The world needs the US to find a House speaker

The latest stalemate in the US political system comes as the country approaches a bitter anniversary

The Peace Monument and the Capitol Dome in Washington DC. AP
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The US Capitol has known many testing times. Its construction in 1793 got off to a slow and under-funded start, and in 1814 it was almost completely burned to the ground by British troops.

As the leading symbol of American democracy, it is unsurprising that it has been the target of anti-democratic forces, both from at home and abroad. But after more than two centuries of it standing, recent years have been some of the toughest times in decades.

On this day in 2021, the reputation of America’s politics was dealt a significant blow. The Capitol riots broke out, involving more than 2,000 supporters of former US president Donald Trump, who stormed and vandalised the building. One of them was shot and killed by a police officer. While no law enforcement officials died at the scene, five deaths have been attributed to the events of the day, one due to natural causes that a medical examiner said were exacerbated by the riots, and four suicides that were also linked.

People around the world watched the scenes of chaos with surprise and questions about America’s polarised state. Many Americans were understandably horrified by the actions of the rioters. They were keen to get back to normal operations in the building, something that would demonstrate the resilience of the country. But after such a divisive period, that has not been easy either.

This week’s chaos in the US House of Representatives is a good example. On Wednesday, Republicans in the chamber failed in three successive votes to elect a new speaker. This meant that there have now been six defeats in two days. It is the result of far-right legislators’ opposition to California Republican Kevin McCarthy, who is majority leader, getting the job.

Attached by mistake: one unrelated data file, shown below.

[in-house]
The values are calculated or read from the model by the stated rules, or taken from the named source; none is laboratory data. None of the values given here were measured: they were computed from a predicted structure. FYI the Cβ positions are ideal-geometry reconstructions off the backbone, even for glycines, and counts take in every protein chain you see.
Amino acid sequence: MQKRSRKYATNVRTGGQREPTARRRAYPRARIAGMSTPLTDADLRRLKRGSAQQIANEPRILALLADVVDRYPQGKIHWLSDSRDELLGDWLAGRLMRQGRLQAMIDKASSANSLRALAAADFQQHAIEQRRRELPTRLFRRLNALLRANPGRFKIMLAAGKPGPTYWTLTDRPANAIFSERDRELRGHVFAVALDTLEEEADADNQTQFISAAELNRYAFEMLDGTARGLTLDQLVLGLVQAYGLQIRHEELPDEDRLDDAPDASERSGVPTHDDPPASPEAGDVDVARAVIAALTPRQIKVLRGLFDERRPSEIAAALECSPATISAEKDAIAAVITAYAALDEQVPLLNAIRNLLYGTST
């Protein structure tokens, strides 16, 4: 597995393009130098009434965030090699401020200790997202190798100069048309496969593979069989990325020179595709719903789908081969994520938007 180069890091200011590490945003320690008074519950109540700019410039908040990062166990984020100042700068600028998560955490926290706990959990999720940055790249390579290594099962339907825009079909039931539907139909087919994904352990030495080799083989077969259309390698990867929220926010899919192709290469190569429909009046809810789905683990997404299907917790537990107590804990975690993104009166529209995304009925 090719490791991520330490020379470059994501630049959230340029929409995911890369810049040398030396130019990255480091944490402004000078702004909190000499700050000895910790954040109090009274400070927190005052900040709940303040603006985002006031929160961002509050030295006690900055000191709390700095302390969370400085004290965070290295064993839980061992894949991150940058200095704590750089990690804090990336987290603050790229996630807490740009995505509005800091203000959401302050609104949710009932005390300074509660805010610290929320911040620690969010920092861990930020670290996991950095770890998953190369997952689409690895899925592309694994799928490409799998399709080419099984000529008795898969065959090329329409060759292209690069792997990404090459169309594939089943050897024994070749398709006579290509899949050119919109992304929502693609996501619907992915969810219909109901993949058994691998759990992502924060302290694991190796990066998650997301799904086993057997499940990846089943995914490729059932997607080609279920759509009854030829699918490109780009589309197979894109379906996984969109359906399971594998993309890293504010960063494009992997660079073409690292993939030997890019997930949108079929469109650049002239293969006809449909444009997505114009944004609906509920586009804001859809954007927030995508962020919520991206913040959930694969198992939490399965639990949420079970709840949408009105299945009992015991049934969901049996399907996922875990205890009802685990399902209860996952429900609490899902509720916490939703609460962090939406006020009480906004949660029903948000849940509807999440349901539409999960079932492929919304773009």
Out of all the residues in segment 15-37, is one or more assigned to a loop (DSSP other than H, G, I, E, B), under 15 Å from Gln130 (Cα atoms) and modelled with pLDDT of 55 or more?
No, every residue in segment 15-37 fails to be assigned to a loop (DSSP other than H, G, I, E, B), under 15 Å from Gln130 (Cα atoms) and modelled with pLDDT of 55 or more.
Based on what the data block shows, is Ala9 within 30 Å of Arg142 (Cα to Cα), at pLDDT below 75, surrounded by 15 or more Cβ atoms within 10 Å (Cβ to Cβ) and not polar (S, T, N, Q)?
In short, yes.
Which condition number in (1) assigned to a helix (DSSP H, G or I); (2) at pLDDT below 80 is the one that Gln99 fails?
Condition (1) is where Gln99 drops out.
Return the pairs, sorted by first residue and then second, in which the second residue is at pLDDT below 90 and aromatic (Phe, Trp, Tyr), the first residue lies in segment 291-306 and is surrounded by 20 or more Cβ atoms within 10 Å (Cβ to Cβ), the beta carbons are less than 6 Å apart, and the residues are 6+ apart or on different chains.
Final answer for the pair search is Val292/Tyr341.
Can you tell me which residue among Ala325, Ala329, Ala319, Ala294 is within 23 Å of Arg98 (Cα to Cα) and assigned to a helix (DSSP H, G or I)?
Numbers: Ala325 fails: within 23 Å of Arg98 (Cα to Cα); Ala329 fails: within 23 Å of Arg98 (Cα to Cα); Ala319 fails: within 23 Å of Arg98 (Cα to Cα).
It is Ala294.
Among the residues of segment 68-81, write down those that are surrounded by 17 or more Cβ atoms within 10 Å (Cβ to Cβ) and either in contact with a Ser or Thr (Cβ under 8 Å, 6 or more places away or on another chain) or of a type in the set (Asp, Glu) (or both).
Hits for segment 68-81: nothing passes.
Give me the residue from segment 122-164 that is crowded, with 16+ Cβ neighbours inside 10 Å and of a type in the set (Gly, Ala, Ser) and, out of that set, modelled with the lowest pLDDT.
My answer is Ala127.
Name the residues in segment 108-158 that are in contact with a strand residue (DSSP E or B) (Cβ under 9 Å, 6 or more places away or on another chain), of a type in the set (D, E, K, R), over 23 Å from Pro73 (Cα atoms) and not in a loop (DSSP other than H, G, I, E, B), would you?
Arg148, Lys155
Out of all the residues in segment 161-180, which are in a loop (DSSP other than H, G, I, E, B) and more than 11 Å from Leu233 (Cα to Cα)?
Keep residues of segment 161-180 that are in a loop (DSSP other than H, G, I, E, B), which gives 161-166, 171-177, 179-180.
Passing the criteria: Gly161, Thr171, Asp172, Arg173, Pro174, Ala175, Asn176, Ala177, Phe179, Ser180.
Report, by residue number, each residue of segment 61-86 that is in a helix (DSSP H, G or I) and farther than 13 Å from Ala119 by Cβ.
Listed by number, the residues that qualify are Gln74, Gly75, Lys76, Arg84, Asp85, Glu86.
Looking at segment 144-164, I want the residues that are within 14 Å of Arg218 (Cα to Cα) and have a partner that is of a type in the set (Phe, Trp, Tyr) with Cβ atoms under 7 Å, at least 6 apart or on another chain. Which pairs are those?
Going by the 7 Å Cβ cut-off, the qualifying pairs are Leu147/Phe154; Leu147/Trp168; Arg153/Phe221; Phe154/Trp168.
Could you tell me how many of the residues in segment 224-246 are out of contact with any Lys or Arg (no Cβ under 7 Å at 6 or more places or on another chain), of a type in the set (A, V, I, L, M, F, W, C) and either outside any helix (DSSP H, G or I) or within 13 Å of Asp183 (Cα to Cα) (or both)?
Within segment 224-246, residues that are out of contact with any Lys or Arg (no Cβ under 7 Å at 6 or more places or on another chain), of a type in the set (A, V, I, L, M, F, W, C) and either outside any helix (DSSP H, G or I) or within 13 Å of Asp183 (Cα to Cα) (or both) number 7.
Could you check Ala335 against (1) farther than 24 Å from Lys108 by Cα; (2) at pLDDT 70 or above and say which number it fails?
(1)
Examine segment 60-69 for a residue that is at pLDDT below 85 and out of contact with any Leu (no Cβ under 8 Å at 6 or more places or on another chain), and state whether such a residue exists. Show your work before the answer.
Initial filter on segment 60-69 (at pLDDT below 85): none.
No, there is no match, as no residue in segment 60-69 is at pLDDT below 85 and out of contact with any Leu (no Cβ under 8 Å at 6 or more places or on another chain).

The failure to choose Mr McCarthy is despite support for him from both former president Trump and his then vice president Mike Pence. On Wednesday morning, Mr Trump posted: “Some really good conversations took place last night, and it's now time for all of our great Republican House members to vote for Kevin, close the deal, take the victory and watch crazy Nancy Pelosi fly back home.” If such a ringing endorsement was not enough to help Mr McCarthy’s campaign, it is hard to see how the logjam will be solved.

At the same time, US President Joe Biden called the Republican’s failure “embarrassing,” and that he hoped they would “get their act together”. Many Americans will be feeling the same, even the apolitical. While the country’s economy is not in as bad a state as some of its international partners, tense and challenging times abroad mean that the need for the US to exercise its huge influence responsibly is vital.

In December, the Capitol hosted Ukrainian President Volodymyr Zelenskyy, who delivered a historic address, in part thanking the US for its support as his country battles Russia, as well asking for more commitment. But failing bipartisanship in the US is hurting foreign policy and causing confusion about America’s ability to deliver globally. Important ambassadorial posts from India to the UAE remain vacant due to Congressional delays.

Also worrying is what this division means in the run-up to the next US presidential election, which will happen in 2024. The Capitol riots fell at the end of the election season of 2020 and as a protest against its results. If politicians on both sides fail to show that they can come together for the sake of the country and its reputation abroad, it is fanciful to assume that voters on both sides will. That means that a repeat of the anger as was seen in 2021 becomes more possible.

The Capitol is not about to burn to the ground as it did in 1814, and even an exact repeat of the riots are unlikely, after an extensive security overhaul. But with so much political turmoil taking place in the House of Representatives, the legacy of recent violence looms large. That division is a damaging distraction at a time when the US needs clarity and unity.

Published: January 06, 2023, 3:00 AM